£15 on Amazon.
Is it a comforting or precarious feeling, being the UK's number one best-selling male crime writer? Only Ian Rankin could answer that, but it's clear that the author is not content to rest on his laurels, and is always prepared to reinvigorate his excellent Inspector Rebus novels whenever a sense of d? vu starts to creep in. And now we have Rankin's The Flood, a reissue of his first, unremarked novel. Was Rankin wise to sanction the re-release of this early book? After all, when we were given the chance to read again all the novels of Martin Cruz Smith had written before his groundbreaking Gorky Park, it was a sobering experience -- as the latter novel was a quantum leap in achievement beyond the previous books. Not so with The Flood: while this darkly disquieting novel caused ripples on its first publication, its reappearance after 20 years is something of a cause for celebration. Rankin began the novel as a 25-year-old student, and its publication by a small university publishing house (with a modest print run) escaped any critical attention. It took the atmospheric and gritty Rebus novels for us to see just how talented Rankin was, and it's a fascinating experience to re-encounter this tyro work.
The Flood is not a crime novel. Mary Miller is an alienated young woman. As a child, she had had an accident involving a flood of chemical discharges from the local coal mine -- she had survived, badly injured, but sympathy for her plight evaporated when the man who was responsible for the accident met his death in a mining accident shortly after. The pious community she lives in views her with superstitious dread. Time passes, and she gives birth to an illegitimate son, Sandy. Her unsatisfactory love affair with a teacher is going nowhere, and her son has started a relationship with a homeless girl. But both Sandy and his mother have to confront the past, and both find their lives will be changed by elemental forces -- notably the flood of the title.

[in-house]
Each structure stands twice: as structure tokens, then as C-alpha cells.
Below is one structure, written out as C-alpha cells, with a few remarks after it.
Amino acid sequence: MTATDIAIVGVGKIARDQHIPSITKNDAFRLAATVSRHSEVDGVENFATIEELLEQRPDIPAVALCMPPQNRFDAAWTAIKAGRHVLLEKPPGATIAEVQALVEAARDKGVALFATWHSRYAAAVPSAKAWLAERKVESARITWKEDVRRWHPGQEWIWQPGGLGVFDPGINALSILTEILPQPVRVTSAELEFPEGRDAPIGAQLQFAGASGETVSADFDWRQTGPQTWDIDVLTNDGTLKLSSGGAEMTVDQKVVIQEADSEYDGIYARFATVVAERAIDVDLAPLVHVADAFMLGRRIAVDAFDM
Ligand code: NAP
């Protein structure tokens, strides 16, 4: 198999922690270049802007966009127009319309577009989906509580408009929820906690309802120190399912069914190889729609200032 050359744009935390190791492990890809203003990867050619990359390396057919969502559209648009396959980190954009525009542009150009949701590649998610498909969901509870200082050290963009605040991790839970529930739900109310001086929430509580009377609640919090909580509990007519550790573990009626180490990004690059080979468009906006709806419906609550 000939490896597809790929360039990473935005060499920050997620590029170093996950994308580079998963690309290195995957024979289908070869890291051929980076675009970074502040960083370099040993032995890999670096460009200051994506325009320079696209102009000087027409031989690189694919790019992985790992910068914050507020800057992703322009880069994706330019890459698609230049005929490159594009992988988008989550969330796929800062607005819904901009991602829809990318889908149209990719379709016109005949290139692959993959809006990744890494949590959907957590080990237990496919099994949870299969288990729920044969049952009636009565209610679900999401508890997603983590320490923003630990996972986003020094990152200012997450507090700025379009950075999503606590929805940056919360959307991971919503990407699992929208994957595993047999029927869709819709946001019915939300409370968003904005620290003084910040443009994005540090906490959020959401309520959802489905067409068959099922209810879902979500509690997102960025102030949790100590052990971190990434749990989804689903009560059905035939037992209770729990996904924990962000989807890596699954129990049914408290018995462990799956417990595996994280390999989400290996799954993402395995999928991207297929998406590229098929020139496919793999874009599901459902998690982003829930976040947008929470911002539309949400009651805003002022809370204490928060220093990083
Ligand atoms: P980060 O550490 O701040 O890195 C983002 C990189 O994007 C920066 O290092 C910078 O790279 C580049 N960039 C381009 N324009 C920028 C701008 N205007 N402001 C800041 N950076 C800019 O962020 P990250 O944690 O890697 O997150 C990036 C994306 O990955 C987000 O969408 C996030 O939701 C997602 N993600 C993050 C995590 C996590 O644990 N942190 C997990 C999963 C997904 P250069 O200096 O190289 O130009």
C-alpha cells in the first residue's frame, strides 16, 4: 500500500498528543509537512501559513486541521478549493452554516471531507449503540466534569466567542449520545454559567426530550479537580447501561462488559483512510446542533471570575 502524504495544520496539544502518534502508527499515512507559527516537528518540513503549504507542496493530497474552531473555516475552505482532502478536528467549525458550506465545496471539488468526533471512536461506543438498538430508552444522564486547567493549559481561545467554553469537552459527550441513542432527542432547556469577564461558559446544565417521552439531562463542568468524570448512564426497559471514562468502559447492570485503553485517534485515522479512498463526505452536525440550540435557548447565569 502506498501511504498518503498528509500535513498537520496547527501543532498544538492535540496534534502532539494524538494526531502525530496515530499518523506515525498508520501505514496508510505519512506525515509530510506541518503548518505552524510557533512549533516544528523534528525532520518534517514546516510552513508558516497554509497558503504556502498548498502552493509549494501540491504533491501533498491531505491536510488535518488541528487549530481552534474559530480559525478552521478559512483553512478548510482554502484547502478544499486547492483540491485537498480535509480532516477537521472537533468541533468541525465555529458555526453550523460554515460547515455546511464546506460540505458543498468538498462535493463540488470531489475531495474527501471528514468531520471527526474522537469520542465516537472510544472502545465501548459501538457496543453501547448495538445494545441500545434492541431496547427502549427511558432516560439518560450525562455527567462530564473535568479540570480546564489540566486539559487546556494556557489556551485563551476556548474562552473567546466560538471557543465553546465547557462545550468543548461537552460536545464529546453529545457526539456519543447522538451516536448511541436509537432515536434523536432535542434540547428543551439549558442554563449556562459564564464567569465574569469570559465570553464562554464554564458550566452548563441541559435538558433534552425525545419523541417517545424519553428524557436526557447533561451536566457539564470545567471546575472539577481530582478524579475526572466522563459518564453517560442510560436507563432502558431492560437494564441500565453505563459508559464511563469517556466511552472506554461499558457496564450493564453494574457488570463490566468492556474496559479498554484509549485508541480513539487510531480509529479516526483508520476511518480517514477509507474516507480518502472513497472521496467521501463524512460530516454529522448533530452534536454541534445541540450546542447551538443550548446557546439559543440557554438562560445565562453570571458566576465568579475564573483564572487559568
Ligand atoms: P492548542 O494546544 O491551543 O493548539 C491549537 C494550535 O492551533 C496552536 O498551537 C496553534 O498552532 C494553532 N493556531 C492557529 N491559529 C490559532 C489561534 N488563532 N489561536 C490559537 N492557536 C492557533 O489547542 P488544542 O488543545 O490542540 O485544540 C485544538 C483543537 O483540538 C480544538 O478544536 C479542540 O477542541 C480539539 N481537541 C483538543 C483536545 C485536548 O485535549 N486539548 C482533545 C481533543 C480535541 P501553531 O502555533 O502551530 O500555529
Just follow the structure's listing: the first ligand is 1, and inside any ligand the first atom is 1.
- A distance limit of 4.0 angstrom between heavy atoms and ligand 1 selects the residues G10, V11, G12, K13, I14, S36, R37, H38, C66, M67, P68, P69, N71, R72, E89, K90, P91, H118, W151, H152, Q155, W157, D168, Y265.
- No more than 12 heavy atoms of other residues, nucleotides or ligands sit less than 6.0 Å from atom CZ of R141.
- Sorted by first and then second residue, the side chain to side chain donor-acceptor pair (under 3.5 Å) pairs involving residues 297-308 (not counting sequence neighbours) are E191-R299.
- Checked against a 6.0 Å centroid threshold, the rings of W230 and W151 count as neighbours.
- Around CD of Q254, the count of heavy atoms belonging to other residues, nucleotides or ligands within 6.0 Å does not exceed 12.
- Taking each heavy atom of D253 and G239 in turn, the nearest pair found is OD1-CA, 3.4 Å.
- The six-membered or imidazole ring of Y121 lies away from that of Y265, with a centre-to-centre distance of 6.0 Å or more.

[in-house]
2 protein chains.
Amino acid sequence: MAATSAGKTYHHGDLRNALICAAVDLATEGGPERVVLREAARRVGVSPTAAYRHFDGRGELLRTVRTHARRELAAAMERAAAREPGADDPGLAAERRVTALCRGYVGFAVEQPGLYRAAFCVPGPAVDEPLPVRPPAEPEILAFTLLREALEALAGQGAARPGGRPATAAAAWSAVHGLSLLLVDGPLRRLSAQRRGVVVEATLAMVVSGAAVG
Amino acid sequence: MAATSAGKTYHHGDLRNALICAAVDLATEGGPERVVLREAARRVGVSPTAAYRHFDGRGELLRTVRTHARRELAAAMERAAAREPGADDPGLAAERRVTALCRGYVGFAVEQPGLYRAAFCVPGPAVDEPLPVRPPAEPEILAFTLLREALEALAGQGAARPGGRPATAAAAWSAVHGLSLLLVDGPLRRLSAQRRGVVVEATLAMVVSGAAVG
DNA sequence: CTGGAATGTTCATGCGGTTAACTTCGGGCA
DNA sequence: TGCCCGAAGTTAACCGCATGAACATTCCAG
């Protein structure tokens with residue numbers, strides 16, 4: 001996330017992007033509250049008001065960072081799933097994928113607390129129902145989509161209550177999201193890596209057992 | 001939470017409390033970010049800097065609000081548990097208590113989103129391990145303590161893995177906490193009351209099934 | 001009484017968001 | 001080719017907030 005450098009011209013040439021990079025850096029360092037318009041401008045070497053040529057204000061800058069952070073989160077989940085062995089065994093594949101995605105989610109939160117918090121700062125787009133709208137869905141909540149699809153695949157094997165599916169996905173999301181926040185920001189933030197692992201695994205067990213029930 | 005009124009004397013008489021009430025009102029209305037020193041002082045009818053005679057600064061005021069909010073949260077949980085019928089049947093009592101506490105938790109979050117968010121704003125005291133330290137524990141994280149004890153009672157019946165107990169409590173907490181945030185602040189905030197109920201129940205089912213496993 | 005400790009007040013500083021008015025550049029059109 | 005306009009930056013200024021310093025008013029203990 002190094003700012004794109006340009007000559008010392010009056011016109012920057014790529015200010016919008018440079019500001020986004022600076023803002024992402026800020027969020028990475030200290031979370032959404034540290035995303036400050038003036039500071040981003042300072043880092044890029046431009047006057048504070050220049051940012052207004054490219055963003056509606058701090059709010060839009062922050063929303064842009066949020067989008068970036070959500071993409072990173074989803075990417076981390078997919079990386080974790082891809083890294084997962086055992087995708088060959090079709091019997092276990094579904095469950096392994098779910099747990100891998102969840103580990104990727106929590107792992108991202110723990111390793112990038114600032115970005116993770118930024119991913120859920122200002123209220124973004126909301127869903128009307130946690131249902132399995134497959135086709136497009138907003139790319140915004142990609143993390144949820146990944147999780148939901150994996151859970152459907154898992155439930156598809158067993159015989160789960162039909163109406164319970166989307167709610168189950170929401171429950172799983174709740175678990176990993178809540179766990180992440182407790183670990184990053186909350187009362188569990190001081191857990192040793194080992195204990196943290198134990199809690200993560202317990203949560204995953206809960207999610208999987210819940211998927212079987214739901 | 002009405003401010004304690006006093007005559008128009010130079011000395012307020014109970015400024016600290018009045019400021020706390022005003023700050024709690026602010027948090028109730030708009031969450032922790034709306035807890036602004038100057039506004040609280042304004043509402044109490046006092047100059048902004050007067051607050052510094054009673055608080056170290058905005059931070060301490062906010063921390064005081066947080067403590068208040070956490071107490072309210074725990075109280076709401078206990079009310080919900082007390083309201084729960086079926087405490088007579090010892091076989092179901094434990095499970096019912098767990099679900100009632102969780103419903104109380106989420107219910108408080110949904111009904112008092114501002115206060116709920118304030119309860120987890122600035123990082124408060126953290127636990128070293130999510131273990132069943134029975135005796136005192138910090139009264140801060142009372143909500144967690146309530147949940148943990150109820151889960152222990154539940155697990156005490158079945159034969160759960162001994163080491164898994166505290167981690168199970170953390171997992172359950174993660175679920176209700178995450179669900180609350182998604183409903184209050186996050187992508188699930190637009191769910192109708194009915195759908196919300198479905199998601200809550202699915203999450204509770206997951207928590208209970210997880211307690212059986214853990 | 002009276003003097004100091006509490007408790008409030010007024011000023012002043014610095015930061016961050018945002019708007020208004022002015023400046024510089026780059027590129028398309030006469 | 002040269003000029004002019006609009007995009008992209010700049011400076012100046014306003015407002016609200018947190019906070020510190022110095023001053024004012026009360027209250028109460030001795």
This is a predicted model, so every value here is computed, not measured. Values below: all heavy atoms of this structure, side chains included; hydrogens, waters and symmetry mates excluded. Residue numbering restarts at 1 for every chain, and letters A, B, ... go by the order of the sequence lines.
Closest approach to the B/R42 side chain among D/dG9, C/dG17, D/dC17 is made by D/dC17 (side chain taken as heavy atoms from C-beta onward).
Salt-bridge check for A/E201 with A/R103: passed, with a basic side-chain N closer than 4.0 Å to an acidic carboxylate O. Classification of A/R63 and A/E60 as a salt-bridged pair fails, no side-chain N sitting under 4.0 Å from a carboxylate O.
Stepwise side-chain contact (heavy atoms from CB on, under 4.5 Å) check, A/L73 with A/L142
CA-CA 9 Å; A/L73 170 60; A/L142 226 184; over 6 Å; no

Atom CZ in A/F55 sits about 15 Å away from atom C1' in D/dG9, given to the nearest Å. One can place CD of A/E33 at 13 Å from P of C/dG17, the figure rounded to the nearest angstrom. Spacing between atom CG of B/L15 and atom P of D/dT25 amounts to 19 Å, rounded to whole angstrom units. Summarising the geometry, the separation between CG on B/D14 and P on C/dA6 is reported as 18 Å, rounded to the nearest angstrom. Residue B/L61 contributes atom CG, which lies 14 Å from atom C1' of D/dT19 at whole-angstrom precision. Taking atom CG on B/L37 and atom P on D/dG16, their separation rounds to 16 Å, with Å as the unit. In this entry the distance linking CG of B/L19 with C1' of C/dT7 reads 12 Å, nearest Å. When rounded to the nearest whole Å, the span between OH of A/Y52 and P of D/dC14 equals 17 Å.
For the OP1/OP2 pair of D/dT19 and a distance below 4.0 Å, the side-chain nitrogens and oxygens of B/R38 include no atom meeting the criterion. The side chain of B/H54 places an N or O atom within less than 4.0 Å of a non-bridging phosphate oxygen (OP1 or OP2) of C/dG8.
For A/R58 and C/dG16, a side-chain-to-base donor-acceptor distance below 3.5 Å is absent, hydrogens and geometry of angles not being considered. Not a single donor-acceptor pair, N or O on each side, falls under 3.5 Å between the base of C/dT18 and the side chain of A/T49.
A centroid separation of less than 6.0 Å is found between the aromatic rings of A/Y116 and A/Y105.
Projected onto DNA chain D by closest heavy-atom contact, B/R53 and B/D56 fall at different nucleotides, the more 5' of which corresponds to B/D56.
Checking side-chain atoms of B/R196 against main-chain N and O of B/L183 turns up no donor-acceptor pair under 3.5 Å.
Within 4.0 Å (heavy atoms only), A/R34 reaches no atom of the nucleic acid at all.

As the above conveys, this is sombre stuff, but that won't put off Rankin aficionados, who look for the dark and disturbing in his work. While the book is (inevitably) not as fully achieved as his later work, there are many fascinating pre-echoes of the off-kilter psychology that is Rankins stock-in-trade, and any rough edges of the narrative are more than offset by the power of the already highly individual vision on offer here.
'A must for lovers of Rankin' GOOD BOOK GUIDE 'Full of secrets and revelations, with an atmospheric sense of time and place, it has Rankin's signature darkness' CHOICE 'It wouldn't take a Rebus to sleuth out the telltale signs of a talent in the making' -- Chris Power THE TIMES
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